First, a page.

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Volume 1: Findings and Conclusions
Executive Summary of the Report of the Inquiry
1. Key conclusions

  • BSE has caused a harrowing fatal disease for humans. As we sign this Report the number of people dead and thought to be dying stands at over 80, most of them young. They and their families have suffered terribly. Families all over the UK have been left wondering whether the same fate awaits them.
  • A vital industry has been dealt a body blow, inflicting misery on tens of thousands for whom livestock farming is their way of life. They have seen over 170,000 of their animals dying or having to be destroyed, and the precautionary slaughter and destruction within the United Kingdom of very many more.
  • BSE developed into an epidemic as a consequence of an intensive farming practice - the recycling of animal protein in ruminant feed. This practice, unchallenged over decades, proved a recipe for disaster.
  • In the years up to March 1996 most of those responsible for responding to the challenge posed by BSE emerge with credit. However, there were a number of shortcomings in the way things were done.
  • At the heart of the BSE story lie questions of how to handle hazard - a known hazard to cattle and an unknown hazard to humans. The Government took measures to address both hazards. They were sensible measures, but they were not always timely nor adequately implemented and enforced.
  • The rigour with which policy measures were implemented for the protection of human health was affected by the belief of many prior to early 1996 that BSE was not a potential threat to human life.
  • The Government was anxious to act in the best interests of human and animal health. To this end it sought and followed the advice of independent scientific experts - sometimes when decisions could have been reached more swiftly and satisfactorily within government.
  • In dealing with BSE, it was not MAFF's policy to lean in favour of the agricultural producers to the detriment of the consumer.
  • At times officials showed a lack of rigour in considering how policy should be turned into practice, to the detriment of the efficacy of the measures taken.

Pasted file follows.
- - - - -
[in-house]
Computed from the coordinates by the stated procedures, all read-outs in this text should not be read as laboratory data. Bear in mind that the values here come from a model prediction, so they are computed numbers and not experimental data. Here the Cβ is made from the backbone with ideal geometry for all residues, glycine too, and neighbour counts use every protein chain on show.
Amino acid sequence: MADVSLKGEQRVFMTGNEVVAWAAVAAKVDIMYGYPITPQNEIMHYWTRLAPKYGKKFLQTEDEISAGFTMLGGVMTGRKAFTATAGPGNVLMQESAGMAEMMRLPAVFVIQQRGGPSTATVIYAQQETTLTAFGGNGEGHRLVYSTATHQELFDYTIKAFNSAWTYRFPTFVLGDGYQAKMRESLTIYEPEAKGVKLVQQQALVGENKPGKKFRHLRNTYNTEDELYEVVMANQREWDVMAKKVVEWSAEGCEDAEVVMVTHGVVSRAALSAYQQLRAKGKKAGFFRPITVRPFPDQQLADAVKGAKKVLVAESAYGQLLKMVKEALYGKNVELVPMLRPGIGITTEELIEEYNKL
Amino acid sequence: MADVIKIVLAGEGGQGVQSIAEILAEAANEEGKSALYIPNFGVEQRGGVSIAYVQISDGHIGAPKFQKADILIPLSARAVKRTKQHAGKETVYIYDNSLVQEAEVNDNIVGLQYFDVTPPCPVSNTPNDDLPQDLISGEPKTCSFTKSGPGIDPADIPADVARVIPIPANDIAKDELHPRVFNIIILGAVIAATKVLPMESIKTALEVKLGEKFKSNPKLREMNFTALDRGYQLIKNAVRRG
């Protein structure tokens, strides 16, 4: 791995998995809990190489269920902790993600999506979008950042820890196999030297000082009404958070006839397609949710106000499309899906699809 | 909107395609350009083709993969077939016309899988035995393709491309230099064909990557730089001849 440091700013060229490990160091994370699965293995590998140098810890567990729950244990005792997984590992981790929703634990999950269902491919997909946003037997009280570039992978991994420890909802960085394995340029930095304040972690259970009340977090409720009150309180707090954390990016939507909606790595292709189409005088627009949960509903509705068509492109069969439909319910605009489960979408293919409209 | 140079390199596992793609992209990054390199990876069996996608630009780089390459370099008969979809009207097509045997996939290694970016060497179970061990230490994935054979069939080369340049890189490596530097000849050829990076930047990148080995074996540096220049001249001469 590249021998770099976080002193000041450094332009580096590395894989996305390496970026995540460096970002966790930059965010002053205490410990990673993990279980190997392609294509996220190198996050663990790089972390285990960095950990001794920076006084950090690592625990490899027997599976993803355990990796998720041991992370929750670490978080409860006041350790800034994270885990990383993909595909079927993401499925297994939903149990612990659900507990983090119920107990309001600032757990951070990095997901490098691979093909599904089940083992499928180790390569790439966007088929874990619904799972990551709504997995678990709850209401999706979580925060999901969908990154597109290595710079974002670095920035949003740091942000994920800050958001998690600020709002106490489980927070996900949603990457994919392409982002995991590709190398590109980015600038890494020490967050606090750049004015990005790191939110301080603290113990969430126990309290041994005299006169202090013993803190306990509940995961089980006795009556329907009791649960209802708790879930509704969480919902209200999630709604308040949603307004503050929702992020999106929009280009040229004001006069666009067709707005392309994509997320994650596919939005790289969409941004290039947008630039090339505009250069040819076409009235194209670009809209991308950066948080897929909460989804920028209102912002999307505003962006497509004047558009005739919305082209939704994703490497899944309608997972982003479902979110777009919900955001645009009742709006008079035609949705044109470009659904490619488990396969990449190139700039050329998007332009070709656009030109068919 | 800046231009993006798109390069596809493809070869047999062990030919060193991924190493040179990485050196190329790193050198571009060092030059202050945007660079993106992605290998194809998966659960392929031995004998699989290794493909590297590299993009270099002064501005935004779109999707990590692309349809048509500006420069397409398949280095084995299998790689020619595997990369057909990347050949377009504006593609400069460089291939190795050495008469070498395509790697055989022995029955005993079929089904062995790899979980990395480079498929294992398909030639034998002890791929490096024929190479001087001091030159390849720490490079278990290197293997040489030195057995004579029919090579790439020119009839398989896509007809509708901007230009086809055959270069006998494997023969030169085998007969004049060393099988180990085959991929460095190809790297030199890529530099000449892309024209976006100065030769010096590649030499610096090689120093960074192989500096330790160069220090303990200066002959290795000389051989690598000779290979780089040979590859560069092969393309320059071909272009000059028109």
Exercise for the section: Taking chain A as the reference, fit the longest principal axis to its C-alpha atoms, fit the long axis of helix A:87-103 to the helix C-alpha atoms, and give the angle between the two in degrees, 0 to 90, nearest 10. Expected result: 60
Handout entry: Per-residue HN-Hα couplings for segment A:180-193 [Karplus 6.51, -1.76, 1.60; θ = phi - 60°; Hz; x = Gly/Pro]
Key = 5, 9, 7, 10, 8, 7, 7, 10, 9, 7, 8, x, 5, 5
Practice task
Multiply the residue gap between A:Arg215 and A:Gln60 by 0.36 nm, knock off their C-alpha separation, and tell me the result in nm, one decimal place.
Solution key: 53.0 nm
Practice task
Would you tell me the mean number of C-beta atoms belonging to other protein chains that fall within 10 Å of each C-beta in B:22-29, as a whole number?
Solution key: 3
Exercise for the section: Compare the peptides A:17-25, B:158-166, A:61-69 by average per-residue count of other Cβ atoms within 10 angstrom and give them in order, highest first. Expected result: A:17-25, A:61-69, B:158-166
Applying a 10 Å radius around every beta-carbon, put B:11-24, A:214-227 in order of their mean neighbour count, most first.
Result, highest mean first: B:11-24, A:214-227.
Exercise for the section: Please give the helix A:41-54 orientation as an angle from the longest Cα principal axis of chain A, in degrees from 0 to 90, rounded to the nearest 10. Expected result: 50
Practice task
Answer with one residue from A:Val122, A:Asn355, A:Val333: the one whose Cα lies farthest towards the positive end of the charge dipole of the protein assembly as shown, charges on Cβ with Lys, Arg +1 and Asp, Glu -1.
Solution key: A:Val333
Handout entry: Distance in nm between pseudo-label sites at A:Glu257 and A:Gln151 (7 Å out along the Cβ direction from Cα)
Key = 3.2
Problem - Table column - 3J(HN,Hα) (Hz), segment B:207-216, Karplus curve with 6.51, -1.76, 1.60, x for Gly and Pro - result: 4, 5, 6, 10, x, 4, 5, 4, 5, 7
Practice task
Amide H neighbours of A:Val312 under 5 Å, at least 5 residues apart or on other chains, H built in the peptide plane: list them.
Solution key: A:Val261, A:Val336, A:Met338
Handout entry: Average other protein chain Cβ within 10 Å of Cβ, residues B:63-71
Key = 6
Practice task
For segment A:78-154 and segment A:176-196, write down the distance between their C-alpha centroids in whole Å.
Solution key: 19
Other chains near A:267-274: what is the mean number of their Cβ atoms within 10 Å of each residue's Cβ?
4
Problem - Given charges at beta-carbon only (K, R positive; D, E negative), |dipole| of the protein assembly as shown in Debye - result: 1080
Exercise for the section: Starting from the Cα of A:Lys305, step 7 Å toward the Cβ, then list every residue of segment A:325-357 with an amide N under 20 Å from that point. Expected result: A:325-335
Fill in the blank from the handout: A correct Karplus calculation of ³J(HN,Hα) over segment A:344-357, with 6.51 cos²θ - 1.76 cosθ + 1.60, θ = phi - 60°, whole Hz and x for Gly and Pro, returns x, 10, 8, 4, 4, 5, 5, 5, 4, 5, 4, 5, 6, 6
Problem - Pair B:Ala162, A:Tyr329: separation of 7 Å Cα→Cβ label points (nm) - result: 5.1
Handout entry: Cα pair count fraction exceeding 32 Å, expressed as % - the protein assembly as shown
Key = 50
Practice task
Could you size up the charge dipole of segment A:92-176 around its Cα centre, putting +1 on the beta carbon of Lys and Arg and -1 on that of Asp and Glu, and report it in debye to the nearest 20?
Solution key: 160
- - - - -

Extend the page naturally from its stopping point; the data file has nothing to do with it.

• At times bureaucratic processes resulted in unacceptable delay in giving effect to policy.
  • The Government introduced measures to guard against the risk that BSE might be a matter of life and death not merely for cattle but also for humans, but the possibility of a risk to humans was not communicated to the public or to those whose job it was to implement and enforce the precautionary measures.
  • The Government did not lie to the public about BSE. It believed that the risks posed by BSE to humans were remote. The Government was preoccupied with preventing an alarmist over-reaction to BSE because it believed that the risk was remote. It is now clear that this campaign of reassurance was a mistake. When on 20 March 1996 the Government announced that BSE had probably been transmitted to humans, the public felt that they had been betrayed. Confidence in government pronouncements about risk was a further casualty of BSE.
  • Cases of a new variant of CJD (vCJD) were identified by the CJD Surveillance Unit and the conclusion that they were probably linked to BSE was reached as early as was reasonably possible. The link between BSE and vCJD is now clearly established, though the manner of infection is not clear.
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